The increasingly unequal divide between the elite and grassroots in sport has been underscored once more with the shocking news that the Powerleague Trafford Sportsdome in Manchester is to close in January.

Hammer blow to local grassroots footballers

Known to most locally as the JJB, due to a previous moniker, the facility houses 18 indoor five-a-side pitches, with a further five floodlit pitches outside. Most north-west based grassroots footballers, including a few of us at KUDOS, will have played there at some stage since its opening in 1997. The likes of Phil Jagielka, Robbie Savage and Phil Neville have been spotted watching their kids play there. Paul Pogba has played there with his mates, while former Manchester United prospect Ravel Morrison was a regular. Professional clubs including Rochdale, Oldham and Bury have trained there, with Manchester United, Manchester City and Everton regularly send scouts on a Saturday morning, combing the venue for future stars.

But forget the professionals – its essence, its entire raison d’être, has long been the 300+ football teams that use it on a weekly basis, from junior boys and girls on Saturday mornings to adults during the week, who play in five or seven-a-side leagues until 11pm. Scores of local kids teams train there during the winter months, providing a reliable, warm and hospitable venue in which to play, while the elements invariably howl outside. It has always seemed to be flourishing – you can turn up at any time and the place will be packed. So how on earth has it come to this?

On the doorstep of obscene wealth – how can this happen?

To bring it into even sharper context, it nestles next to the Trafford Centre, just a couple of miles from Old Trafford, the home of the richest football club in the world, Manchester United. A few more miles across the other side of the city is, of course, the uber-rich Manchester City and its sprawling Etihad complex. This is the unpalatable, galling reality of grassroots football on the doorstep of two of the biggest and richest clubs on the planet. The English game is awash with more money than ever, and yet the largest indoor facility in what is arguably the country’s biggest football city is about to close. It’s difficult to escape the conclusion that football is eating itself.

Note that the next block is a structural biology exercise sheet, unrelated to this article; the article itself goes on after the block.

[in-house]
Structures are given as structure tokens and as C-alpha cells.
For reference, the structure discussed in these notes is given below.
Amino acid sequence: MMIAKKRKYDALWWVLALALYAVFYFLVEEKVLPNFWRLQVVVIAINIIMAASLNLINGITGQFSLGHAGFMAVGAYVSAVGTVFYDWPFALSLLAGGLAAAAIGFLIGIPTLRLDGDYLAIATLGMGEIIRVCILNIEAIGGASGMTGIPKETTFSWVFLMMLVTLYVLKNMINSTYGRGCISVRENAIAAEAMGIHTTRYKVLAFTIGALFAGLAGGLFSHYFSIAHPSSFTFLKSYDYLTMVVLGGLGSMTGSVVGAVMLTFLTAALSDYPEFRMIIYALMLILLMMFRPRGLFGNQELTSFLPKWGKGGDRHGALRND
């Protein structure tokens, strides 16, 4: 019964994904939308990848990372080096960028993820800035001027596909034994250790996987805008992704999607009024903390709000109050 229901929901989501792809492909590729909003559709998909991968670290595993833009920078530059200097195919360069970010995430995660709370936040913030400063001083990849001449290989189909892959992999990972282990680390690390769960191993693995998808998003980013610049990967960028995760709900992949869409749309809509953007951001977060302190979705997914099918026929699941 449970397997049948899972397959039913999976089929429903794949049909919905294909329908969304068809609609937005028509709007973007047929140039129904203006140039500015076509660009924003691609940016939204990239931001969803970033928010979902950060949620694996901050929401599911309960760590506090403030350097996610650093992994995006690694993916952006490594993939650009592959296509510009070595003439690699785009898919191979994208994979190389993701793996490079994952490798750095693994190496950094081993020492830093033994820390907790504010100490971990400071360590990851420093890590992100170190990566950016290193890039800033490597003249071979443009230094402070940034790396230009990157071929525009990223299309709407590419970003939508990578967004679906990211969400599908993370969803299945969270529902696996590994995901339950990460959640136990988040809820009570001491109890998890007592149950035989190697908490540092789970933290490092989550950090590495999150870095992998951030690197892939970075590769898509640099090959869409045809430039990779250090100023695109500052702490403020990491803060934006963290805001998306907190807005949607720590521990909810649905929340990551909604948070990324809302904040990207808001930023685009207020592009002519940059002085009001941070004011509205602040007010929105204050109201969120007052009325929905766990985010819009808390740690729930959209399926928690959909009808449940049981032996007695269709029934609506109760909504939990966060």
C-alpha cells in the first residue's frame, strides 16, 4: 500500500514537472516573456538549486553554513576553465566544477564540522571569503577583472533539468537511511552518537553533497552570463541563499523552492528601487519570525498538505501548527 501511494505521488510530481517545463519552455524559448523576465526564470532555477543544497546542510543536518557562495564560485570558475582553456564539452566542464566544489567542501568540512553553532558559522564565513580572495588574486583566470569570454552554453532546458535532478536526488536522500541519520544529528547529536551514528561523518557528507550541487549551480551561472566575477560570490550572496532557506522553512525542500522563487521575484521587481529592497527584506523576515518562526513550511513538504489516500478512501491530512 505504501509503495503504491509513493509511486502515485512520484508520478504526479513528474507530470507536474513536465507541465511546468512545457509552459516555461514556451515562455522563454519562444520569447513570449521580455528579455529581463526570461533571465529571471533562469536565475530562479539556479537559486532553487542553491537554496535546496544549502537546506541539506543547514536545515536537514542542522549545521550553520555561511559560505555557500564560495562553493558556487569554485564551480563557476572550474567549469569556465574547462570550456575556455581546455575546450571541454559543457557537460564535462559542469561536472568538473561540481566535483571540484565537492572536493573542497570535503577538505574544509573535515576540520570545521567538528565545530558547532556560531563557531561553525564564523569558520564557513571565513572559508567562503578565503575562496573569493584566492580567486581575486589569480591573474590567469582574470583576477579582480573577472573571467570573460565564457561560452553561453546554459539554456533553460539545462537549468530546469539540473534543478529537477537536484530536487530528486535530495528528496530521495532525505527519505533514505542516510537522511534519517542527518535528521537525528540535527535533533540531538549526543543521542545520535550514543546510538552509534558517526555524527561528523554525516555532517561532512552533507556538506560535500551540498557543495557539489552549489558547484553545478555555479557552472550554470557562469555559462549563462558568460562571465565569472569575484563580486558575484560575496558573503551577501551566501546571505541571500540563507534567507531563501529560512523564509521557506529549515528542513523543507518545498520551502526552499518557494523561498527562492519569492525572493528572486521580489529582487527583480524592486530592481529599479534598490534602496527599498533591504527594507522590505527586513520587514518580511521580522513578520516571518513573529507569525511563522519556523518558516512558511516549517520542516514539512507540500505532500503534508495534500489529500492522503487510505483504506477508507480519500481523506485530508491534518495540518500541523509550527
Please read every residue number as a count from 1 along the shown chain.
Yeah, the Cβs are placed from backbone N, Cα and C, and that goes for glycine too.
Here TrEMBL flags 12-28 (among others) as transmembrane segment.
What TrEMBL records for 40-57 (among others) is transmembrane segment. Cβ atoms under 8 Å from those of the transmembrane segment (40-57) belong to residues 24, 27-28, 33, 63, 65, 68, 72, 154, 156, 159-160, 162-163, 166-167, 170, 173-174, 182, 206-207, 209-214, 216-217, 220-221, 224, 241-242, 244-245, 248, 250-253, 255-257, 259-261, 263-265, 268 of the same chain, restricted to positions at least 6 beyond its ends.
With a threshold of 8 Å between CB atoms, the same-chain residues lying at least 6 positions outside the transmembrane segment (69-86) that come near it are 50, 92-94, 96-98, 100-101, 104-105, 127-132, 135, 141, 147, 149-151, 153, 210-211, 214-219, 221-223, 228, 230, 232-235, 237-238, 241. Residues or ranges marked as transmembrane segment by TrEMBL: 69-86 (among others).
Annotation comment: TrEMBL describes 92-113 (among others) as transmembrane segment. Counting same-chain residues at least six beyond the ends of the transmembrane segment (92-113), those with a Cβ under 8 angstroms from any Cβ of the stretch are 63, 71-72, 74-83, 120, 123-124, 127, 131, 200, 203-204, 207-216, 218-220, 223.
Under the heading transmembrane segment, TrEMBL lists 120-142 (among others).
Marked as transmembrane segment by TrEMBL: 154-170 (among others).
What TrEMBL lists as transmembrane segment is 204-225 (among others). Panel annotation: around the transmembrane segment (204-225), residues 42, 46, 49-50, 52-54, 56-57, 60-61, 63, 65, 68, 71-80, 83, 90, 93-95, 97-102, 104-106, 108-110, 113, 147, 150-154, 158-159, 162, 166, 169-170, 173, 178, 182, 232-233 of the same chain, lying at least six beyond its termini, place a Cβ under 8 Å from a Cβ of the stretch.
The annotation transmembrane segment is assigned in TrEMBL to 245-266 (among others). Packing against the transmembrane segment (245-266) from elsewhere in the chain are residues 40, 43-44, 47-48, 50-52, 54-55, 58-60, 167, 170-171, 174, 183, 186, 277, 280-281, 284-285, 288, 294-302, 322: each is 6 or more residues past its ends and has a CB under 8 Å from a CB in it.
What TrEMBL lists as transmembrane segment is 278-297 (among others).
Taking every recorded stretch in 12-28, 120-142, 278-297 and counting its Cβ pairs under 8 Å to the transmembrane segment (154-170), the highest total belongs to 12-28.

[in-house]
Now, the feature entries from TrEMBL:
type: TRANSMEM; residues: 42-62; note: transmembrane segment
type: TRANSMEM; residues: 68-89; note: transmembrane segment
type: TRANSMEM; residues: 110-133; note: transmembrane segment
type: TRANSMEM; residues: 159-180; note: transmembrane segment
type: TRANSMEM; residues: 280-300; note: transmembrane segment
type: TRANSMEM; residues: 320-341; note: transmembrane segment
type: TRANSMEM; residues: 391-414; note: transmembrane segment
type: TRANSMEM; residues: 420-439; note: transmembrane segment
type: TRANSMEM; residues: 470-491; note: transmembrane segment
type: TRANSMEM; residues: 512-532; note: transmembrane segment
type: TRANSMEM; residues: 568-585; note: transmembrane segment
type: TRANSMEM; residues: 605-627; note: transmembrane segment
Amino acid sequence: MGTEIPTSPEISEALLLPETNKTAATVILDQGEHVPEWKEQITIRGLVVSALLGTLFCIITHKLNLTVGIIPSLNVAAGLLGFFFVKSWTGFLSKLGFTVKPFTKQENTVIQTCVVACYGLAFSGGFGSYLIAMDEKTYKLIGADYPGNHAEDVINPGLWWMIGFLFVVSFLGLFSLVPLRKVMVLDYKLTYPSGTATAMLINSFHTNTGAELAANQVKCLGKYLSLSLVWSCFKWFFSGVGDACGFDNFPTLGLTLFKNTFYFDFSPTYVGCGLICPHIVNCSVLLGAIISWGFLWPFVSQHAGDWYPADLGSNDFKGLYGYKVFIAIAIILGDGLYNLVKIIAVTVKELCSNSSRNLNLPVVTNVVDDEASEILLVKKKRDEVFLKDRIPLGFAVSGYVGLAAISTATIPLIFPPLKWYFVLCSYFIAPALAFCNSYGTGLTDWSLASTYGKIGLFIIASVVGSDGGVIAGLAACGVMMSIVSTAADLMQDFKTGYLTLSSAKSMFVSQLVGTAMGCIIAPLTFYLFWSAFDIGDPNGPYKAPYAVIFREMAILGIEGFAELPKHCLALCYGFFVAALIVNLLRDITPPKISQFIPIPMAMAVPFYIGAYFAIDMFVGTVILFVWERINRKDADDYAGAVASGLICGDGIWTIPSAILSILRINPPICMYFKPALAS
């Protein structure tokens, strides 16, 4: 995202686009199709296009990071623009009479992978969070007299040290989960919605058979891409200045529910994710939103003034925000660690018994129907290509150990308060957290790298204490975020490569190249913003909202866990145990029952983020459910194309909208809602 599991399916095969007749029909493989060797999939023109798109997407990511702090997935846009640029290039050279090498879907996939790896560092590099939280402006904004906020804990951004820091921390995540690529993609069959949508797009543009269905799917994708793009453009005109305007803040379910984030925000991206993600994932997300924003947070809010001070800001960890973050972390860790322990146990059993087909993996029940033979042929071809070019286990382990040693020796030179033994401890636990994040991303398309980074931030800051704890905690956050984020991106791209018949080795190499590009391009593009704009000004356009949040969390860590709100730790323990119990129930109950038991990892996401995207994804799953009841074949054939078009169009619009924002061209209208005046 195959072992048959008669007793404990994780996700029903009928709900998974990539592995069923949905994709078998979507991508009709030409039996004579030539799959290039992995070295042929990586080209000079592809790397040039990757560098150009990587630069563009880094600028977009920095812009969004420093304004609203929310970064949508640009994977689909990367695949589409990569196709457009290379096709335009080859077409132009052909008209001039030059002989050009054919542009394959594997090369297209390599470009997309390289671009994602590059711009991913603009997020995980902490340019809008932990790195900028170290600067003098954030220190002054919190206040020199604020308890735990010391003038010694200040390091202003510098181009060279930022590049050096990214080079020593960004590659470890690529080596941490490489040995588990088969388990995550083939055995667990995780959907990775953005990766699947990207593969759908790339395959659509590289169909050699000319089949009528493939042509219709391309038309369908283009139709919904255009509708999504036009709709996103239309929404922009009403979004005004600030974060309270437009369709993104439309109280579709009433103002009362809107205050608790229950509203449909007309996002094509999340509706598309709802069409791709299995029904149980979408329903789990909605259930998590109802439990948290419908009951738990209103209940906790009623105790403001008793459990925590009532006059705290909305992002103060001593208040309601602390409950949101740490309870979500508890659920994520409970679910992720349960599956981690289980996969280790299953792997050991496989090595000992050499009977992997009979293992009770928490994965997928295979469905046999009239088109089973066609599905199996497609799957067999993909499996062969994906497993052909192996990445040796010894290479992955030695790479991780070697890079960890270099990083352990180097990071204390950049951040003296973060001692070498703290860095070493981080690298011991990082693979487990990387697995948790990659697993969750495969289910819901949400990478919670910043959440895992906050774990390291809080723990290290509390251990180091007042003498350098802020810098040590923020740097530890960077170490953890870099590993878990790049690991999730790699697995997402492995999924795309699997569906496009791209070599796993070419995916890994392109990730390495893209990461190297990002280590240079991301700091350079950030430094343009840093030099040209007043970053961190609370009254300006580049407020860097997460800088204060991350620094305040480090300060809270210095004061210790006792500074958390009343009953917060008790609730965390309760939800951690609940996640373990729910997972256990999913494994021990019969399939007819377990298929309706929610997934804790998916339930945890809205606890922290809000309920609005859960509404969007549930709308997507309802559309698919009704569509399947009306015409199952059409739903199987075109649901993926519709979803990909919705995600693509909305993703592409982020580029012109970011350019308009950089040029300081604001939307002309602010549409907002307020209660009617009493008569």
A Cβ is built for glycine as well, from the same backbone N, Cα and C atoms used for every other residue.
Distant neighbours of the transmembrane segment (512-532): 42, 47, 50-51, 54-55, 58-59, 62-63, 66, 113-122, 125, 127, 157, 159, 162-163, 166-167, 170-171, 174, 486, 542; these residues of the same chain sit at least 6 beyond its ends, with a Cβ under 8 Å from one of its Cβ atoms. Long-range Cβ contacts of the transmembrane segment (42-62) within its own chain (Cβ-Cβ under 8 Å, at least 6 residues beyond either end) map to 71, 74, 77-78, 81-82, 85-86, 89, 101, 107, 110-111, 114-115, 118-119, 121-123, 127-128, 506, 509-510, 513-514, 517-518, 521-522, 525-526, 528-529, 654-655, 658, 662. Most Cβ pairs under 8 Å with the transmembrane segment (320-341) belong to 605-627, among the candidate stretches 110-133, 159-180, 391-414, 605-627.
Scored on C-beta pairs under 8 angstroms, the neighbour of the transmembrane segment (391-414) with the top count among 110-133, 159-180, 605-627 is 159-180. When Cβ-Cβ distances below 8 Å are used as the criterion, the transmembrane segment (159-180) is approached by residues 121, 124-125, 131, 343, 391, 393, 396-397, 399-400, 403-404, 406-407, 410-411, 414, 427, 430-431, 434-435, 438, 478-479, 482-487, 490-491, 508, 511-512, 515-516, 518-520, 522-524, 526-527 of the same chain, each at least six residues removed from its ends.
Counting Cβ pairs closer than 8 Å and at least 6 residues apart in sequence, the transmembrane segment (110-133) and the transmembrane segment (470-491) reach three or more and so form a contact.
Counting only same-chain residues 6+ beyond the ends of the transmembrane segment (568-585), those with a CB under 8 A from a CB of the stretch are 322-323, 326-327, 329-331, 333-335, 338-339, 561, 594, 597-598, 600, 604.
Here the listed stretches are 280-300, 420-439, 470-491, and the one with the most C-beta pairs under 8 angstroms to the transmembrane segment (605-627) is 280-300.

It may be easy to point to the hitherto silent United and City and ask what are they going to do about it – but these clubs have a vested interest. The facility is packed with kids running around in their strips, while City and United scouts stalk the pitches with the express intention of taking some of them to their academies. Where are they going to spot them in future?

Football is nothing without its grassroots

Local footballers are fast running out of facilities full stop. In Whalley Range, South Manchester – even closer to Old Trafford – another Powerleague facility is to close, along with a further dozen nationwide. Unfathomably and inexplicably, Powerleague have run into financial difficulties and finds itself on the brink of administration, unable to pay for future leases.

There has been understandable anger locally, and a petition is up and running that is hoped will put pressure on local authorities to act.

Grassroots football in the UK faces an existential crisis. Football without fans and kids playing at grassroots level is, frankly, nothing. The elites could not possibly function without us, so surely it is time for some intervention from the top of the game. Any intervention would not simply be a handout, it would be an investment in their own future.

The final whistle has not quite blown on the Trafford Powerleague, however, with eleventh hour negotiations taking place in an attempt to put together a rescue package. But the fact it has come to this is alarming, and should alarm anyone involved in grassroots football. Please sign and share the petition – it is imperative thousands of footballers are not left in the cold this winter and beyond.


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